It is Black History Month, and The United Methodist Church still has a lot of work to do. The current Social Principles document includes a robust statement against racism. The section, “Rights of Racial and Ethnic Persons,” clearly defines personal and systemic racism, “recognize[s] racism as sin,” encourages “oppressed people . . . to demand their just and equal rights as members of society,” and supports affirmative action (UMC, Book of Discipline 2016, ¶162.A). However, the proposed Revised Social Principles to be voted on at General Conference in April 2024 does not even mention race!
Methodism has a checkered history on race. As a White male, I must reckon with this churchly inheritance. White Methodists have supported slavery and fought for the abolition of slavery. My forebearers fought on both sides of the US Civil War. They established racially segregated structures within church and society. Some of my ancestors fought for civil rights and racial integration; others were comfortable with the status quo in which whites benefitted from institutional structures of racism. The following reckoning is adapted from my chapter in the new book, Methodism and American Empire.
Darryl W. Stephens, “A Global Ethic for a Divided Church.” In Methodism and American Empire: Reflections on Decolonizing the Church. Edited by David W. Scott and Filipe Maia, 111–33. Abingdon, 2024.
The concept of human rights is a central aspect of Methodist social witness. Not only were Methodists heavily involved in creating and supporting the Universal Declaration of Human Rights (UDHR), the UMC and its predecessors have displayed an unwavering public commitment to human rights. As a matter of doctrine, the UMC asserts within its Confession of Faith, “We believe . . . governments should be based on, and be responsible for, the recognition of human rights under God” (¶ 104). Furthermore, the current Social Principles document shares substantive commitments with much of the UDHR and the International Covenant on Civil and Political Rights. Thus, it is no surprise that the proposed Revised Social Principles also voices support for a wide variety of individual human rights.
Assertions of rights in the proposed Revised Social Principles are based on seeing others as bearers of the image of God—an equalizing premise amid differences of power. Consistent with prior editions of the Social Principles, proposed document “affirm[s] the important work of the United Nations” and upholds the UDHR as a definitive explication of basic rights. The document grounds “basic human rights and freedoms” in “God’s gracious act in creation” and pledges “to protect these rights and freedoms within the church” and society.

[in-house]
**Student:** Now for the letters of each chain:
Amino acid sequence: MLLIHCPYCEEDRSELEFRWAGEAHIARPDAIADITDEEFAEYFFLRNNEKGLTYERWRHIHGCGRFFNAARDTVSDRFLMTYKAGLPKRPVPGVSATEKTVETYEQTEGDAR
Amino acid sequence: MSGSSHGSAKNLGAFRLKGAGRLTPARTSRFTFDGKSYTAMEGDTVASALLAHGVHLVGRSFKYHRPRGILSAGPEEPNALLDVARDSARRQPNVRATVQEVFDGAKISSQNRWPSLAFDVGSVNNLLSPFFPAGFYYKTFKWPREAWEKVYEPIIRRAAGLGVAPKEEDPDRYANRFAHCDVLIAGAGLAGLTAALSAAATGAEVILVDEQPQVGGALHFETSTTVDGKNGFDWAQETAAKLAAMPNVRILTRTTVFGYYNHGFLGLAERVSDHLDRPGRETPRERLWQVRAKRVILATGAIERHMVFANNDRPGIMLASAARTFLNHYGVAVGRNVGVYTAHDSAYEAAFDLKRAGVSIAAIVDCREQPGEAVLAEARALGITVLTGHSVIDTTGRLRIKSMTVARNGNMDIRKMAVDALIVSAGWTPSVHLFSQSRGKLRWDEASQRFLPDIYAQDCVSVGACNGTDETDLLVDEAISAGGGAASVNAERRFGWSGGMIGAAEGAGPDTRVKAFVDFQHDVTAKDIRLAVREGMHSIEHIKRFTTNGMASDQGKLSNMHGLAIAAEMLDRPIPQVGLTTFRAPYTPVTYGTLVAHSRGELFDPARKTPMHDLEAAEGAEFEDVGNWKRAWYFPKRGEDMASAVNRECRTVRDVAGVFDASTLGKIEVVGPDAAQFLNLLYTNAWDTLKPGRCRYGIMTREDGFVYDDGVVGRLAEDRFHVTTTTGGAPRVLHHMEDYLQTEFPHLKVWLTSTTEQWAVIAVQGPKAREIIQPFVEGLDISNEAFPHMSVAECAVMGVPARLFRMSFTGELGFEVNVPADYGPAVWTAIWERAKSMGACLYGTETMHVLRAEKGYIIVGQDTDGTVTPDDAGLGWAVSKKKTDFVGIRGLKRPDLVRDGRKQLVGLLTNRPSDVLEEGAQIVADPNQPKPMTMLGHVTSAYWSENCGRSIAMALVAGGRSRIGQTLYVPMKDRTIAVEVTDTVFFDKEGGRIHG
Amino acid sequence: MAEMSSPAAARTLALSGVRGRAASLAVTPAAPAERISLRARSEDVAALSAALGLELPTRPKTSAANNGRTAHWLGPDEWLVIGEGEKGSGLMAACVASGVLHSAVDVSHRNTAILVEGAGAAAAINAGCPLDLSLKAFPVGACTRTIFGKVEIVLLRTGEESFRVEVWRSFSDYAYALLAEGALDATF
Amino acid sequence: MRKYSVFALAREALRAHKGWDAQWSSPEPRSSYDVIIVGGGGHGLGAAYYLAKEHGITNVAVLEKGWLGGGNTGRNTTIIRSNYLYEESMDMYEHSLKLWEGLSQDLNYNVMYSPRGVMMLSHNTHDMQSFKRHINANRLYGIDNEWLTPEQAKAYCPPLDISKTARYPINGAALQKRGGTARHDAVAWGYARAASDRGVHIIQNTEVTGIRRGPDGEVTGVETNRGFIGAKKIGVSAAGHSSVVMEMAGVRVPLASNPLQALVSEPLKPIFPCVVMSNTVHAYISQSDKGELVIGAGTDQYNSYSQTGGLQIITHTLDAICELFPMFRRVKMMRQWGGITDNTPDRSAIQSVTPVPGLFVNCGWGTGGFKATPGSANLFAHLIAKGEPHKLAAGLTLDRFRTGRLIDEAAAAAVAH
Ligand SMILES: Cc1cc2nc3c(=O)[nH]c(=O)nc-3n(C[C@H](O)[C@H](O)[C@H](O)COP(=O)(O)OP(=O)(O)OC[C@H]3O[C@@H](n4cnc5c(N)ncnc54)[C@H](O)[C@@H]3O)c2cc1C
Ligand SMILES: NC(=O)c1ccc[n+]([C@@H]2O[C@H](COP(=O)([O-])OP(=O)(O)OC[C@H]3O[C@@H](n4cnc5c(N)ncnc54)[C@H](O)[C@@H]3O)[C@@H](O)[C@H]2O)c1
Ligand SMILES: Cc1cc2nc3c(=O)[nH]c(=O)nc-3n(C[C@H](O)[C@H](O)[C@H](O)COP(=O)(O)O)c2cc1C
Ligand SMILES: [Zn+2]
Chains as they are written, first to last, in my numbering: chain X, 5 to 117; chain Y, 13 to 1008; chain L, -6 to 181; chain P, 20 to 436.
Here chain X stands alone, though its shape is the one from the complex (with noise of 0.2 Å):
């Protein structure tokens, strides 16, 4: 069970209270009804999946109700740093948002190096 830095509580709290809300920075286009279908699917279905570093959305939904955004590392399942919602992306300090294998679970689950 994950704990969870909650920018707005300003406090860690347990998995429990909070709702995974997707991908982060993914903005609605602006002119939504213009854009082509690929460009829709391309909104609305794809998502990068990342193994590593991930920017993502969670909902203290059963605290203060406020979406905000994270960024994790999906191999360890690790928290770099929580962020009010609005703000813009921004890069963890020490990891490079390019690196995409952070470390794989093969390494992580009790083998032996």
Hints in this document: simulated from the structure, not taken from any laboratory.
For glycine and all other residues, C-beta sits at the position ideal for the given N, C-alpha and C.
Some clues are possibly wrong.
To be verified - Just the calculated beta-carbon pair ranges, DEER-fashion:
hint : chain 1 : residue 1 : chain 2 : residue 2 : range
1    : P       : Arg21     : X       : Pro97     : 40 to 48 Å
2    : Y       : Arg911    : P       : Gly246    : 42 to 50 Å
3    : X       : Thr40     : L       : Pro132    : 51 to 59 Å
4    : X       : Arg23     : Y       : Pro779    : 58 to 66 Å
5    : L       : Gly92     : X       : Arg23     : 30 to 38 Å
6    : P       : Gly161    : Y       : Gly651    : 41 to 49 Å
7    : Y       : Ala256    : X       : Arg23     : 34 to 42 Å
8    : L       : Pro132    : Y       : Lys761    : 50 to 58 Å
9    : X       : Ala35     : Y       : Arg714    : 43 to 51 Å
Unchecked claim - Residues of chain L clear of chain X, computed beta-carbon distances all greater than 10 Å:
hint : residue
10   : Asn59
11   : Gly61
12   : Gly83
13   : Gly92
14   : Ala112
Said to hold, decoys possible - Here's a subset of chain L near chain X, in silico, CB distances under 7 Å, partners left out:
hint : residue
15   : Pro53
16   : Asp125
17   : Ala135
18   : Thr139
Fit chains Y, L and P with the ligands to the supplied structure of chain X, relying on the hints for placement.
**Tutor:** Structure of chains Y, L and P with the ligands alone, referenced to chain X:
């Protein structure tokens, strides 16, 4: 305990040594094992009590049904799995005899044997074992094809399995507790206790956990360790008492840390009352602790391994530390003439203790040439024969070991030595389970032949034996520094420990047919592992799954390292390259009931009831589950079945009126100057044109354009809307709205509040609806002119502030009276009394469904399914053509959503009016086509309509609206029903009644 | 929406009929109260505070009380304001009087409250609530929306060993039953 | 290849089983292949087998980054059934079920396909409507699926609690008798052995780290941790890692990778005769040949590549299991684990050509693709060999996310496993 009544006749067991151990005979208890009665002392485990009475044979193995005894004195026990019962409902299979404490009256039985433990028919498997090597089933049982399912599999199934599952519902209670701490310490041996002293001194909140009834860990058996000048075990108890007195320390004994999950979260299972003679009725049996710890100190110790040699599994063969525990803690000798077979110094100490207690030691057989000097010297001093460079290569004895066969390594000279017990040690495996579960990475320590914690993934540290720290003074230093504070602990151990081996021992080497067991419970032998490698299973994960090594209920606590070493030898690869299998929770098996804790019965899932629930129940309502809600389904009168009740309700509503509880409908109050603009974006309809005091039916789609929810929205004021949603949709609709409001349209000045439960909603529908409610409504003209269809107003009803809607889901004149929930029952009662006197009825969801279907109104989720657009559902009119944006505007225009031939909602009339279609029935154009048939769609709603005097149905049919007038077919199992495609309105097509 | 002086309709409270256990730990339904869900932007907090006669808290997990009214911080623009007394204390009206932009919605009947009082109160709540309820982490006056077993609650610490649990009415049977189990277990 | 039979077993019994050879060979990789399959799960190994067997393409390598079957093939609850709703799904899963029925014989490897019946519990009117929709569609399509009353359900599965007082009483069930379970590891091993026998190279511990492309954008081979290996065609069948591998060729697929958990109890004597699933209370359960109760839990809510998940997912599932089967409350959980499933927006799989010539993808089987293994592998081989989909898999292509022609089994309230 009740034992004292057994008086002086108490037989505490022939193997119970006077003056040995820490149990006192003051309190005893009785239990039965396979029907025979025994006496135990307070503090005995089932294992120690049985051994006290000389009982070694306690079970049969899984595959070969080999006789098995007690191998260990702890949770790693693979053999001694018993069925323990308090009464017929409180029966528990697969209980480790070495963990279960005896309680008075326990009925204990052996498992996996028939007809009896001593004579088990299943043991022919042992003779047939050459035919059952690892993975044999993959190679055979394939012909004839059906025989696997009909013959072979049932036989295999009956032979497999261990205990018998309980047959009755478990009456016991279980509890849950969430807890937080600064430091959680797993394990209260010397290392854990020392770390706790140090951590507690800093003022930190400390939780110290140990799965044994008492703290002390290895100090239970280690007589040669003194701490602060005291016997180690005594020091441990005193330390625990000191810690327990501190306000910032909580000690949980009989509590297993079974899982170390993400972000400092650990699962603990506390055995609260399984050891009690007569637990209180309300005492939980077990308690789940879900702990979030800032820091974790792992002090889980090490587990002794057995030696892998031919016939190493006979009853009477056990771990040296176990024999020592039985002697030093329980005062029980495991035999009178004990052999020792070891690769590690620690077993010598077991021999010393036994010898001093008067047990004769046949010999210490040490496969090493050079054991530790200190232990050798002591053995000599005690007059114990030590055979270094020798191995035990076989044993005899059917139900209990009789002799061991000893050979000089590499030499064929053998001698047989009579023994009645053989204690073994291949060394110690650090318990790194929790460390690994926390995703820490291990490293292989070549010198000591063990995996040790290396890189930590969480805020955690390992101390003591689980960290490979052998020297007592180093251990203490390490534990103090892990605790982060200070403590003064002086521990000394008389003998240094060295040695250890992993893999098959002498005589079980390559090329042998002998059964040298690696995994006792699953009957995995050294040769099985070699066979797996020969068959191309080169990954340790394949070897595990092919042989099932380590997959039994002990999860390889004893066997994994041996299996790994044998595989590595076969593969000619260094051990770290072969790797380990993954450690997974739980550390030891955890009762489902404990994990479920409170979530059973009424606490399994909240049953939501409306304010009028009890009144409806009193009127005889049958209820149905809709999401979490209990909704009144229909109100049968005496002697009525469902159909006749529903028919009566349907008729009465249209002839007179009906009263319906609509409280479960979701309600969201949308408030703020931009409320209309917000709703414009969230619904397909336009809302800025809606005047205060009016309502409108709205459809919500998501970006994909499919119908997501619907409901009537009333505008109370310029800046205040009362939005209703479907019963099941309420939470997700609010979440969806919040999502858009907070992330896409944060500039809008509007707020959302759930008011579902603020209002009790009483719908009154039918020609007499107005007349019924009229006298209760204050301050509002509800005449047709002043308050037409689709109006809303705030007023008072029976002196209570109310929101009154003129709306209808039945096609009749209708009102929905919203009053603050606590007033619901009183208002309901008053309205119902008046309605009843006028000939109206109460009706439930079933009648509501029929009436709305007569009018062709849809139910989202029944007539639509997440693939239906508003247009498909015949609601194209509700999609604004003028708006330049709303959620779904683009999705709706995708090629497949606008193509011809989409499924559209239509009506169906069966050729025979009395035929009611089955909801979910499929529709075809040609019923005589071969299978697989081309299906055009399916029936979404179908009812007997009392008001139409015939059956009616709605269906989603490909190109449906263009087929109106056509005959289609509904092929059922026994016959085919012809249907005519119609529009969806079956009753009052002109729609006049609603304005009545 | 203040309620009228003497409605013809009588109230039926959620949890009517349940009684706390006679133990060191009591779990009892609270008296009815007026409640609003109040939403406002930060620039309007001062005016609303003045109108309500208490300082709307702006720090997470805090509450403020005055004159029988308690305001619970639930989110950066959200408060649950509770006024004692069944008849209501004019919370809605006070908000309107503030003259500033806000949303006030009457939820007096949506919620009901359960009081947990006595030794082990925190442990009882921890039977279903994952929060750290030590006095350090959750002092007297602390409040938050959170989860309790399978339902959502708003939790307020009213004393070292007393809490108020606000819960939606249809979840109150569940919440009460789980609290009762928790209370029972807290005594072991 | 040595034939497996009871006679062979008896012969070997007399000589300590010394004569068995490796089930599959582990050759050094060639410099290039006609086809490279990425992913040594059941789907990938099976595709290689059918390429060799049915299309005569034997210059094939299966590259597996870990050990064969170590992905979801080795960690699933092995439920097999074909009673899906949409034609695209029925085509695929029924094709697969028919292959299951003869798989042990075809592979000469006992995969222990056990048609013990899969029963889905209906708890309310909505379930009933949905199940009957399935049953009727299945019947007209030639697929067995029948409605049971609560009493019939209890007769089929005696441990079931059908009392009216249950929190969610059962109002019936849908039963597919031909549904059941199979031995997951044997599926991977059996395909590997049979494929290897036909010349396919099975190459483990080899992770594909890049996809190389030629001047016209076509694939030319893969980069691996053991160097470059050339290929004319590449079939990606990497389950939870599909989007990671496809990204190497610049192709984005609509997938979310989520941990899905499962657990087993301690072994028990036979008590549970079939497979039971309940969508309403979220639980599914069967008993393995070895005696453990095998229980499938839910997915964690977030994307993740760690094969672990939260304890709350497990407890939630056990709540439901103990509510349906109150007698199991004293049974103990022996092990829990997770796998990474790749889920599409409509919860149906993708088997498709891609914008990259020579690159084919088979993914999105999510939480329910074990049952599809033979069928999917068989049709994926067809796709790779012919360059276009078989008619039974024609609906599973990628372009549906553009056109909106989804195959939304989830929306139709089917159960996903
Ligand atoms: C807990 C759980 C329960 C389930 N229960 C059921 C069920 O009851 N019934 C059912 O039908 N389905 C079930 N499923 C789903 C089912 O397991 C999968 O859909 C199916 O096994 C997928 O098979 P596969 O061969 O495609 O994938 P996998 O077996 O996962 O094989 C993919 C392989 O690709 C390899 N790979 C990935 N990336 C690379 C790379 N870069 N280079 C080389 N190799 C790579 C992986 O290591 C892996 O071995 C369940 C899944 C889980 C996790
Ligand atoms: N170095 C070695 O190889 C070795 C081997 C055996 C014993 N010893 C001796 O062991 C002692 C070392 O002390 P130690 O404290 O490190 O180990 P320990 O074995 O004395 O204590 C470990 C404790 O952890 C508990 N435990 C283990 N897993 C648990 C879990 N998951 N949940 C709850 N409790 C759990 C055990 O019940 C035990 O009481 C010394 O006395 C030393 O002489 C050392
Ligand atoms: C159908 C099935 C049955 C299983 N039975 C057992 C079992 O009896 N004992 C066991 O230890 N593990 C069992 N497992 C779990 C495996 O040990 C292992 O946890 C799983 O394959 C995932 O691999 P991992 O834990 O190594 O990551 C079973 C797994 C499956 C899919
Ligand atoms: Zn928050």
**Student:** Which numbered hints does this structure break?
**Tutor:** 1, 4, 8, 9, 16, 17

The “dignity and worth” of every person is mentioned eleven times in the proposed Revised Social Principles, functioning as a shorthand for the UMC’s commitment to human rights grounded in God’s good creation. This connection is made explicit in the section on Basic Rights and Freedoms: “We condemn all attempts to deny individuals their basic rights or freedoms or to strip human beings of their inherent dignity and worth.” Ten subsections in this draft document assert rights pertaining to various groups and contexts, including women and girls, men and boys, “indigenous, native, and aboriginal communities,” and “sexual orientations and gender identities.” However, the proposed Revised Social Principles fails to guide the reader in understanding when or if the language of rights applies to race.
The proposed document upholds basic rights and freedoms for all individuals but does not employ the language of rights to address race specifically. The document condemns “racism, ethnocentrism, and tribalism” and rejects laws and practices that discriminate on these bases, but it does not use the word race at all. How is one to understand the proposed stance against environmental racism, for example, in the absence of any definition or discussion of race? Admittedly, the label “racial and ethnic persons” does not translate well from the United States to a global context. However, eliminating any mention of race leaves the problem of racism inadequately addressed.
Given Methodism’s past complicities with empire in the form of White supremacy, particularly by condoning slavery and supporting racially segregated structures in church and society, a steadfast commitment to the rights of persons regardless of race cannot be taken as a given. The draft statement on Basic Rights and Freedoms asserts, “in the face of historic wrongs perpetrated against indigenous peoples, enslaved African peoples and other marginalized groups, we call for forthright confession and repentance as well as concrete acts of reparation to redress past and present forms of social injustice.” However, this call raises more questions than it answers.
Why is the called-for “forthright confession” left unstated in the proposed draft of Social Principles, particularly when it was so elaborately stated in the 2016 Social Principles? How does this call to repentance differ from the UMC’s prior act of repentance for racism? Which current resolutions support reparations, as envisioned here? Why are the “past and present forms of social injustice” against “enslaved African peoples” not named as racism?
Antiracist commitments could have been communicated with references to the UMC’s constitutional commitment to racial justice (¶ 5), its Act of Repentance for Racism (adopted in 2000 and renewed in 2008), and its numerous resolutions on race relations and racial justice. Speaking out against discrimination is not a sufficient substitute for asserting human rights.
The struggle for racial equality is not over. Racism continues to plague our church and US society. This is why it is so important that the UMC promote equal rights regardless of race or ethnicity and maintain a clear, public stance against racism.